It is impossible for any created intellect to see the essence of God by its own natural power. For knowledge is regulated according as the thing known is in the knower. But the thing known is in the knower according to the mode of the knower. Hence the knowledge of every knower is ruled according to its own nature. If therefore the mode of anything's being exceeds the mode of the knower, it must result that the knowledge of the object is above the nature of the knower. Now the mode of being of things is manifold. For some things have being only in this one individual matter; as all bodies. But others are subsisting natures, not residing in matter at all, which, however, are not their own existence, but receive it; and these are the incorporeal beings, called angels. But to God alone does it belong to be His own subsistent being. Therefore what exists only in individual matter we know naturally, forasmuch as our soul, whereby we know, is the form of certain matter. Now our soul possesses two cognitive powers; one is the act of a corporeal organ, which naturally knows things existing in individual matter; hence sense knows only the singular. But there is another kind of cognitive power in the soul, called the intellect; and this is not the act of any corporeal organ. Wherefore the intellect naturally knows natures which exist only in individual matter; not as they are in such individual matter, but according as they are abstracted therefrom by the considering act of the intellect; hence it follows that through the intellect we can understand these objects as universal; and this is beyond the power of the sense. Now the angelic intellect naturally knows natures that are not in matter; but this is beyond the power of the intellect of our soul in the state of its present life, united as it is to the body. It follows therefore that to know self-subsistent being is natural to the divine intellect alone; and this is beyond the natural power of any created intellect; for no creature is its own existence, forasmuch as its existence is participated [in God's]. …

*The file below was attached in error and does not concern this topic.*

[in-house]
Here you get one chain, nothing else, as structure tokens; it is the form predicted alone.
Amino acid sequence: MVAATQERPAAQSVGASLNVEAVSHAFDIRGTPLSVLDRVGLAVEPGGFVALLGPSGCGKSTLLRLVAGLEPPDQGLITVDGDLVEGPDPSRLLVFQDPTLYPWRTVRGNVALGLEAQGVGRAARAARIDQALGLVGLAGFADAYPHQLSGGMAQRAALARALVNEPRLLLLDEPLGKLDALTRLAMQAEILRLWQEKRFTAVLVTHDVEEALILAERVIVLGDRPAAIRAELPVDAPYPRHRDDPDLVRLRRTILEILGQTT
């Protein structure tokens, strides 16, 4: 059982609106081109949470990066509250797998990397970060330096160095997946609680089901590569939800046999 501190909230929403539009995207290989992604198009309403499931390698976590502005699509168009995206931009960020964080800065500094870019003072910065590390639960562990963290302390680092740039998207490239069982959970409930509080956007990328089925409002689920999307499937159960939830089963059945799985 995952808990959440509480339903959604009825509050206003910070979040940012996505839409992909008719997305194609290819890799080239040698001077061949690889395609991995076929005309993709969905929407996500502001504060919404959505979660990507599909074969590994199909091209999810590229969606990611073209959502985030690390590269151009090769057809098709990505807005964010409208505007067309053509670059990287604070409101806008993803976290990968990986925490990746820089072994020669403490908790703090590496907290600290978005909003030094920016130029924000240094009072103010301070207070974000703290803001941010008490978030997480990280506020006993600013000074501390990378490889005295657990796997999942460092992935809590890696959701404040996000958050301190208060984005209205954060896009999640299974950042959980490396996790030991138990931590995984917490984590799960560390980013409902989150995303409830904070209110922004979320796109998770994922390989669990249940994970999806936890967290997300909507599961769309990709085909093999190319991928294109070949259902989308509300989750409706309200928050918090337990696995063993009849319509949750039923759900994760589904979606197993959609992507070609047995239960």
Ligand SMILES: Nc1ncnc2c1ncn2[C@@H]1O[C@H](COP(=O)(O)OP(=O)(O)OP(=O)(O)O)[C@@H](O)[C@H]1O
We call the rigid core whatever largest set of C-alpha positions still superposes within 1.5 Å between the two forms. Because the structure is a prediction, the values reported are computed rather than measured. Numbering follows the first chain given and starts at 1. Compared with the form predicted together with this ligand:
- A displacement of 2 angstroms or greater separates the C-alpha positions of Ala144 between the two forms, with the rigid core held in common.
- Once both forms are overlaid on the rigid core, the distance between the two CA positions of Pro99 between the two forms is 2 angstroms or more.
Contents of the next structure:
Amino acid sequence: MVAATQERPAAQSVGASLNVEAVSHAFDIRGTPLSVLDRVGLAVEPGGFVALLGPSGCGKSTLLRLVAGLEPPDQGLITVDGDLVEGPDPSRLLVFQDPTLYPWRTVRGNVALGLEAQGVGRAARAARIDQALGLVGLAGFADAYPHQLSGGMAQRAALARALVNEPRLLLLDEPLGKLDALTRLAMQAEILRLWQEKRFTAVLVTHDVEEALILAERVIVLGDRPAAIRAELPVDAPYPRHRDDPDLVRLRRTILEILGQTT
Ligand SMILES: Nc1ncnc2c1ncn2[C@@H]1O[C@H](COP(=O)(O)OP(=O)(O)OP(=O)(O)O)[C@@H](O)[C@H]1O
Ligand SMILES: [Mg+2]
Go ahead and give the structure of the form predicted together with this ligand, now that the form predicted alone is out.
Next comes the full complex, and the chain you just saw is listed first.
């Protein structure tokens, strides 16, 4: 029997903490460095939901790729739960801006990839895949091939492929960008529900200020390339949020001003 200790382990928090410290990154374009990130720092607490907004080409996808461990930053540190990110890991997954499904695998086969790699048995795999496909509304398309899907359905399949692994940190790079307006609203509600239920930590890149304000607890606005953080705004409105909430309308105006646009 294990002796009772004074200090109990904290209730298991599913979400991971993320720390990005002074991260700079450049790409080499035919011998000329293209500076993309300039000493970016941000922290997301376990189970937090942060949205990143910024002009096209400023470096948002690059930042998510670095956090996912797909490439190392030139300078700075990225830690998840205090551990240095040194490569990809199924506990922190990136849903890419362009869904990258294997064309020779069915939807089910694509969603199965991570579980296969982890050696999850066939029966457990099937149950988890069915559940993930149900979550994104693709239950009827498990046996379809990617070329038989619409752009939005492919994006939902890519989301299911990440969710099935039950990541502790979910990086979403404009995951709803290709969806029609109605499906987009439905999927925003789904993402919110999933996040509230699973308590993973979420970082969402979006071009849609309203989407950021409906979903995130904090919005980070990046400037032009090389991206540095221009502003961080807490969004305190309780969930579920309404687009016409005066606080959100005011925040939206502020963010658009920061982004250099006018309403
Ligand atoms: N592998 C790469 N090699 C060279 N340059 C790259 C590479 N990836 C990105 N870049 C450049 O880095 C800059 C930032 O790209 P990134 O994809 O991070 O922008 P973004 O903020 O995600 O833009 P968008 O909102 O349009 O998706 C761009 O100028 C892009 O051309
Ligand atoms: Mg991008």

What will enable man to do that?